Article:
Osborne opts for the tax politicians love...

... and economists love to hate.

George Osborne's budget morning story, that Stamp Duty will go up to 7 per cent on properties over £2 million, shouldn't really surprise us. It has strong echoes of Gordon Brown's 2010 budget day story about hiking Stamp Duty up to 5 per cent on homes above £1 million in order to fund a tax cut for first time buyers. It's the tax that politicians have grown to love, and economists love to hate.

Not that the Chancellor will care much but he should expect plenty of gnashing of teeth from the dismal profession. Stamp Duty is after all a tax on labour mobility (a key economic resource), so it keeps people living in places they'd rather leave and makes it less likely they will move to take new jobs (though how much of a barrier this will be to those in a position to fork out £2m is far from clear). And the way it is currently structured results in major distortions in the housing market as small increases in house price generate large leaps in the tax owed.

And yet Stamp Duty is a popular tax with politicians. Why so? In part because the revenue it raises have risen quickly with house prices. But also because it is judged to be a less painful tax to get the public to go along with compared to many others. People pay it at a time - uniquely - when they are spending very large sums of money that the stamp duty tax bill is tagged onto. A tax bill of £20,000 incurred when buying a house for £500,000 may feel less painful to many than getting an annual bill of around £2,000 for 10 years for living in the same house. And unlike serious reform of our out-dated council tax system, or indeed the introduction of a proper Mansion Tax, increasing Stamp Duty doesn't require a wider revaluation - that most dreaded of political events. Nor does it suffer from the fabled problem of hammering the old lady on a low income living in an expensive house.

A full-blown mansion tax it certainly isn't, but 7 per cent stamp duty on properties above £2m is a tilt towards taxing big wealth. It's not a tax rise to please the wonks, it doesn't open a much needed new chapter in property taxation, and it falls far short of what the Lib Dems were aiming for. But it is still a symbolic move which will bring in a bit of extra revenue without creating many screams or administrative upheaval. Osborne will be pleased.

A tilt towards taxing big wealth? Photograph: Getty Images

Gavin Kelly is a former adviser to Downing Street and the Treasury. He tweets @GavinJKelly1.

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Why it's far too early to declare Ukip dead

The party could yet thrive if Brexit disappoints those who voted Leave.

"Nothing except a battle lost can be half as melancholy as a battle won," wrote the Duke of Wellington after Waterloo. Ukip can testify to this. Since achieving its founding aim - a British vote to leave the EU - the party has descended into a rolling crisis.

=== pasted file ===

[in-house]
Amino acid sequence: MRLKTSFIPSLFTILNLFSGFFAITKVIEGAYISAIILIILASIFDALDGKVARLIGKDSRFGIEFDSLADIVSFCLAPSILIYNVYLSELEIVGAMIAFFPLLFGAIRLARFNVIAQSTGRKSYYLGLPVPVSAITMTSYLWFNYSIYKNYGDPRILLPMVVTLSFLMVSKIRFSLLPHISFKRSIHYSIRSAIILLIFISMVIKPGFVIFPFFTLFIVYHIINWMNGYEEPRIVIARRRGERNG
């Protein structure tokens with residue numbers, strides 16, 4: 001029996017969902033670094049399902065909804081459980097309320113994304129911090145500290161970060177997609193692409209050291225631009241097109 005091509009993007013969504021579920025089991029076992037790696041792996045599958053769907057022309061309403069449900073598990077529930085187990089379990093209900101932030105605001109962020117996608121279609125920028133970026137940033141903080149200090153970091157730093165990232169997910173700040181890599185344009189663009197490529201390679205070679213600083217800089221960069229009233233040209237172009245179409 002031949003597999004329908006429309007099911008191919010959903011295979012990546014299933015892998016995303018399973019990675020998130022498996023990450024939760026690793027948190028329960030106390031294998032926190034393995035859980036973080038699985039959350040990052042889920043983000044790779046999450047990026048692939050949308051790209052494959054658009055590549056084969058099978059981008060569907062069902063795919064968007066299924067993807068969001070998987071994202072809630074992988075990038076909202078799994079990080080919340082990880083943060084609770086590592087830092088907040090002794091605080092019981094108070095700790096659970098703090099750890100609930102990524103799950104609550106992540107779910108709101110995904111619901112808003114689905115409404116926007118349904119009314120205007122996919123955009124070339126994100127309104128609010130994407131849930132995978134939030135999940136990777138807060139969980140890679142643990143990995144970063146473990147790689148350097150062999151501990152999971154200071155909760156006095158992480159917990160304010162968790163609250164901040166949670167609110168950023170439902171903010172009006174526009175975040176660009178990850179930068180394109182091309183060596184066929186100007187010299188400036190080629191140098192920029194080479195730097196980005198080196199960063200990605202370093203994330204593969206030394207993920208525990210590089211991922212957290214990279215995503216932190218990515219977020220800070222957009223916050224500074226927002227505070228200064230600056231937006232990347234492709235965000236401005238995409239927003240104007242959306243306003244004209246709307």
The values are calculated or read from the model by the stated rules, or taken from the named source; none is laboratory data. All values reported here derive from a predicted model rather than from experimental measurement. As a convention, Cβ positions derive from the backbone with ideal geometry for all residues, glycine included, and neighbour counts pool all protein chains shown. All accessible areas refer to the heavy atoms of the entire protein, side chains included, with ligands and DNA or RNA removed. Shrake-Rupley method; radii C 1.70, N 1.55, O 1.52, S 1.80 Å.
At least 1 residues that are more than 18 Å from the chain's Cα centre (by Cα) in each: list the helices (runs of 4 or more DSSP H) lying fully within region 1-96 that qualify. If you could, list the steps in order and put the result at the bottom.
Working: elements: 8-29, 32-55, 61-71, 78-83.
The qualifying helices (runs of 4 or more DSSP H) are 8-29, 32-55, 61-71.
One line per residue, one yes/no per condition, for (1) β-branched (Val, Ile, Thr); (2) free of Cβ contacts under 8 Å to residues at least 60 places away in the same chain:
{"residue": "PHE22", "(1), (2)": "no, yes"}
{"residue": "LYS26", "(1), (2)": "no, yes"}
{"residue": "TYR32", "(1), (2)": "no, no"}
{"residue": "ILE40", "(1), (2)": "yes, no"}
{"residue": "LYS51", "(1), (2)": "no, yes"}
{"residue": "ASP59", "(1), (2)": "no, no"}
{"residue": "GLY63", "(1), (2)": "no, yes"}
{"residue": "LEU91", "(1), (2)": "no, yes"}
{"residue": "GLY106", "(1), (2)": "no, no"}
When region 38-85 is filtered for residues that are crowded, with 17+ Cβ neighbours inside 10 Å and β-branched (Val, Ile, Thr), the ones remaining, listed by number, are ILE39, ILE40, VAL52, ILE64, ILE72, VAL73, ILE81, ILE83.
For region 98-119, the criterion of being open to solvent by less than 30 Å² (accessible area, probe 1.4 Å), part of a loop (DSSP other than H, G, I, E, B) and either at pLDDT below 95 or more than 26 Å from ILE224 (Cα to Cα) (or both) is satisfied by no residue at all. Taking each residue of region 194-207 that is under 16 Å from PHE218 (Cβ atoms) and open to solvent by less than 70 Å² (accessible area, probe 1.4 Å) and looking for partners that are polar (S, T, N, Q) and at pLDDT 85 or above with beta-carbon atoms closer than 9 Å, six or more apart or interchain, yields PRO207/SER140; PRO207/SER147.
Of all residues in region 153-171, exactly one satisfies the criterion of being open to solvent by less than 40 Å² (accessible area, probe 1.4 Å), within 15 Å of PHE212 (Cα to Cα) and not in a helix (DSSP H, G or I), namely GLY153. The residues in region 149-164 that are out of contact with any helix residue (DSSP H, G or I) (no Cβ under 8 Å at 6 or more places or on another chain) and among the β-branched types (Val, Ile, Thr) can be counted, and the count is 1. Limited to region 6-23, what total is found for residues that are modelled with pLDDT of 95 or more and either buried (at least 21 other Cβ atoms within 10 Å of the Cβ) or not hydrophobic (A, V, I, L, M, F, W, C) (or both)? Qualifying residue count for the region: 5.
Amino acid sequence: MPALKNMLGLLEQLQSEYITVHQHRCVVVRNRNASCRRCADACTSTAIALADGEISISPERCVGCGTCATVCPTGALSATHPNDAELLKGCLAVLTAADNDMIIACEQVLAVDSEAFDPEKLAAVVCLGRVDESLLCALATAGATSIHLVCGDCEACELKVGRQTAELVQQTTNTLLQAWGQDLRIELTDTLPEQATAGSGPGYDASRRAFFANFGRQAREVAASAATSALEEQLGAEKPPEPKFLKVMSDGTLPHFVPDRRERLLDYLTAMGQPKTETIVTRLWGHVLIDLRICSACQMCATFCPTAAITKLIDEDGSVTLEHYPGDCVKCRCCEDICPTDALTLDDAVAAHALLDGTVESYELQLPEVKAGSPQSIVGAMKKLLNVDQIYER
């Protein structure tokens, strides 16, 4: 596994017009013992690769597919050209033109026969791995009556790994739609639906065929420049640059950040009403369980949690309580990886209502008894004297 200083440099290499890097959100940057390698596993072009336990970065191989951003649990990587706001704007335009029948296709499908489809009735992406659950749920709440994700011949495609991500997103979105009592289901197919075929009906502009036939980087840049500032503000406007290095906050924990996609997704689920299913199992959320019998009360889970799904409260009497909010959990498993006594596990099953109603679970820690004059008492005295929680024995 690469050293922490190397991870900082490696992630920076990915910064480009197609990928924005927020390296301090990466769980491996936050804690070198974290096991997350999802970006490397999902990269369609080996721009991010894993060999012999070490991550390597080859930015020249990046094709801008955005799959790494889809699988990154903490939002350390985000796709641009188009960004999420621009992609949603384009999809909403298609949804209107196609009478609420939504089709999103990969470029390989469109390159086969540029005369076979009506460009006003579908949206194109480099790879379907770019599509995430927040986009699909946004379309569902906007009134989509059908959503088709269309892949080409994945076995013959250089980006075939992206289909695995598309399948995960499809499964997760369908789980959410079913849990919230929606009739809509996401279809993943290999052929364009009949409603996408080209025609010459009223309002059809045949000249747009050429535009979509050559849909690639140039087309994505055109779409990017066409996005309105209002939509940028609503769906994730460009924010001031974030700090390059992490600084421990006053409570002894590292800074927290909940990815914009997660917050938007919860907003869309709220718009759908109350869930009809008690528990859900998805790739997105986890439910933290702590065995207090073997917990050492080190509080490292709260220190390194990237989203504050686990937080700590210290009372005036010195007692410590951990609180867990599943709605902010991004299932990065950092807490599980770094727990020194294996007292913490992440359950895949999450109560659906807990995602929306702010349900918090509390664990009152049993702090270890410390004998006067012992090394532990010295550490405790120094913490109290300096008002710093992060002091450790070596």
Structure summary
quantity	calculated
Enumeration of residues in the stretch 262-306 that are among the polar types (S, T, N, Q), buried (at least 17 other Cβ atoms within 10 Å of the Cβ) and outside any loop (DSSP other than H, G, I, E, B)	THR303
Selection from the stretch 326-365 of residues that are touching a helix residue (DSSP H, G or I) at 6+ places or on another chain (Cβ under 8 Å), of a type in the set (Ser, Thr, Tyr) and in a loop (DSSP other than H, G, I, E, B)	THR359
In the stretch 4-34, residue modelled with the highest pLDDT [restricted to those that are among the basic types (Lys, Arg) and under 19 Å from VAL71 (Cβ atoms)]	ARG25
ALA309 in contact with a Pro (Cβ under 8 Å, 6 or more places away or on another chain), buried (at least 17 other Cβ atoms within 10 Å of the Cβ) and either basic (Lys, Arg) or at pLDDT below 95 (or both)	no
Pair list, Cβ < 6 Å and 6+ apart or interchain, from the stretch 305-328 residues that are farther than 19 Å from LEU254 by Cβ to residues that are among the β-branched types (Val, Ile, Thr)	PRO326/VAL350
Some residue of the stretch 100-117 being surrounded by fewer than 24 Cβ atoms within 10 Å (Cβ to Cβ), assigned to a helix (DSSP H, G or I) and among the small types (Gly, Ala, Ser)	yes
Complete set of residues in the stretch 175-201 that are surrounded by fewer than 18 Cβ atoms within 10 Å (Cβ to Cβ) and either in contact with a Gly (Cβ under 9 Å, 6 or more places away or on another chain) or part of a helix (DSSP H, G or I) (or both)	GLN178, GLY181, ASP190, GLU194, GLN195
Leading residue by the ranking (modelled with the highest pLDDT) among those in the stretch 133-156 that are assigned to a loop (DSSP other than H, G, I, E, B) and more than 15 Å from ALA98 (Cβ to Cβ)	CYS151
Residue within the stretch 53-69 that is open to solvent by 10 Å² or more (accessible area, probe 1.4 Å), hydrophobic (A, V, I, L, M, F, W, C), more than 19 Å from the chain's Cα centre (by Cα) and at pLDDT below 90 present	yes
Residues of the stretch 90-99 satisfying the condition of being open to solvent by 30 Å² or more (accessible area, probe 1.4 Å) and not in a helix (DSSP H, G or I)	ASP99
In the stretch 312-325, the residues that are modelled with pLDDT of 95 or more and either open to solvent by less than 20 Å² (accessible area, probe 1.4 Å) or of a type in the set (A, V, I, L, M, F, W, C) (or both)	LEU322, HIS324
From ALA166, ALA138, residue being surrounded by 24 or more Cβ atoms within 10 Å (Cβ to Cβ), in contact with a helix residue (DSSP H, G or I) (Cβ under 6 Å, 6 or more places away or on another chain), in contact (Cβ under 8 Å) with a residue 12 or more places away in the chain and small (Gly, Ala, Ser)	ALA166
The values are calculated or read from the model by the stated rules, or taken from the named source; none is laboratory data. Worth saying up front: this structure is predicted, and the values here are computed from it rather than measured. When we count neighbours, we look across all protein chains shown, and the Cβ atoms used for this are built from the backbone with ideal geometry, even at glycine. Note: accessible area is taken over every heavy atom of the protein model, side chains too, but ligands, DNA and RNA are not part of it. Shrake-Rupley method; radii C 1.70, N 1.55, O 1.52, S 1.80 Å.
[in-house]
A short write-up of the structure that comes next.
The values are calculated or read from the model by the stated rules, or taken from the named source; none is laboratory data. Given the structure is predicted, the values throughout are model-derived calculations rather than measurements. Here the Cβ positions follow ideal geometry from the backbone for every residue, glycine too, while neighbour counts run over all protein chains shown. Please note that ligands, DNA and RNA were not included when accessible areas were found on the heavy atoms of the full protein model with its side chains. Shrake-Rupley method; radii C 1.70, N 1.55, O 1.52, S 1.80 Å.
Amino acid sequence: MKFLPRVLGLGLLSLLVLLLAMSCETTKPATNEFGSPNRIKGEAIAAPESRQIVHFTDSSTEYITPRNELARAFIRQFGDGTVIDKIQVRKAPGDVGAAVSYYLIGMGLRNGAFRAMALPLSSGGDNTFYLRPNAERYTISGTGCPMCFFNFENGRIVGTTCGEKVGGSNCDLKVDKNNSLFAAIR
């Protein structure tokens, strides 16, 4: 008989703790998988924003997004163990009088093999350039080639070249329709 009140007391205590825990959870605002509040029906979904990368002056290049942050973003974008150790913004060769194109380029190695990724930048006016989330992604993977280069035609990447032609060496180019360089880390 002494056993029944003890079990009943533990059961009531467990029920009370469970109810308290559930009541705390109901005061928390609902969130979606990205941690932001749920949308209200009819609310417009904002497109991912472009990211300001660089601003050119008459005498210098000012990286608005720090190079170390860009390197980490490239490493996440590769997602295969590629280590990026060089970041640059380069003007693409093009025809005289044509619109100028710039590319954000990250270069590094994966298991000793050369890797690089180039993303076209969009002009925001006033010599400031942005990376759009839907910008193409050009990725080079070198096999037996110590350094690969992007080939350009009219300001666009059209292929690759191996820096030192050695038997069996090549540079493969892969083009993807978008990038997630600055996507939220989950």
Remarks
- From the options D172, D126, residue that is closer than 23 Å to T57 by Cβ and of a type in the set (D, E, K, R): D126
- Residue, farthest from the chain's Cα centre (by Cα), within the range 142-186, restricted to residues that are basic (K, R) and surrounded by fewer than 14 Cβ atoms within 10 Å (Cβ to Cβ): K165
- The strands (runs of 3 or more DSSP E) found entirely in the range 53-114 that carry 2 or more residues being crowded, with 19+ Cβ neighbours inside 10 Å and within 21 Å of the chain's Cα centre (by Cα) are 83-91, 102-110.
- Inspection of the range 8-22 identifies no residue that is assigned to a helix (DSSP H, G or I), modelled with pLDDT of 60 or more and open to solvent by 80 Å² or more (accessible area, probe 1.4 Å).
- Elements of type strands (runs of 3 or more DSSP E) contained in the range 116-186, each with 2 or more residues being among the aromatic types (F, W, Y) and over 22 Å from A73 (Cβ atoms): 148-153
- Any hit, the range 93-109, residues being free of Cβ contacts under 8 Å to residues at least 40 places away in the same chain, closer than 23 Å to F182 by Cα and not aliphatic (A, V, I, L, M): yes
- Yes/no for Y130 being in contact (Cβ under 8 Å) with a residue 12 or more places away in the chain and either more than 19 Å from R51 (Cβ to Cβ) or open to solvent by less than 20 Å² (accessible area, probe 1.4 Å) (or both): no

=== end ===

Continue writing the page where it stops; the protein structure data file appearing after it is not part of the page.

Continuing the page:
Theresa May's vow to pursue Brexit, and to achieve control of immigration, robbed Ukip of its political distinctiveness. But the party's greatest enemy has been itself. Its leader Paul Nuttall did not merely lose the Stoke by-election (despite the city recording the highest Leave vote), he self-destructed in the process. Contrary to his assertions, Nuttall did not achieve a PhD, was never a professional footballer and did not lose "close personal friends" at Hillsborough. Ukip's deputy Peter Whittle pleaded last weekend that voters needed more time to get to know Nuttall. No, the problem was that they got to know him all too well. A mere three months after becoming leader, Nuttall has endured a level of mockery from which far stronger men would struggle to recover (and he may soon be relieved of the task).

Since then, Ukip's millionaire sugar daddy Arron Banks has threatened to leave the party unless he is made chairman and Nigel Farage is awarded a new role (seemingly that of de facto leader). For good measure, Farage (a man who has failed seven times to enter parliament) has demanded that Ukip's only MP Douglas Carswell is expelled for the crime of failing to aid his knighthood bid. Not wanting to be outdone, Banks has vowed to stand against Carswell at the next election if the dissenter is not purged. Any suggestion that the party's bloodlust was sated by the flooring of Steve Woolfe and Diane James's 18-day leadership has been entirely dispelled.

For all this, it is too early to pronounce Ukip's death (as many have). Despite May's ascension and its myriad woes, it has maintained an average poll rating of 12 per cent this year. This is far from its 2014 zenith, when it polled as high as 25 per cent, but also far from irrelevancy. Incapable of winning Labour seats itself, Ukip could yet gift them to the Conservatives by attracting anti-Tory, anti-Corbyn voters (in marginals, the margins matter).

Though Theresa May appears invulnerable, Brexit could provide fertile political territory for Ukip. Those who voted Leave in the hope of a radical reduction in immigration will likely be dismayed if only a moderate fall results. Cabinet ministers who boasted during the referendum of their desire to reduce immigration have already been forced to concede that newcomers will be required to fill vacancies for years to come. Ukip will be the natural vehicle for those aggrieved by Brexit "betrayal". Some Leave voters are already dismayed by the slowness of the process (questioning why withdrawal wasn't triggered immediately) and will revolt at the "transitional period" and budget contributions now regarded as inevitable.

The declarations of Ukip's death by both conservatives and liberals have all the hallmarks of wishful thinking. Even if the party collapses in its present form, something comparable to it would emerge. Indeed, the complacency of its opponents could provide the very conditions it needs to thrive.

George Eaton is political editor of the New Statesman.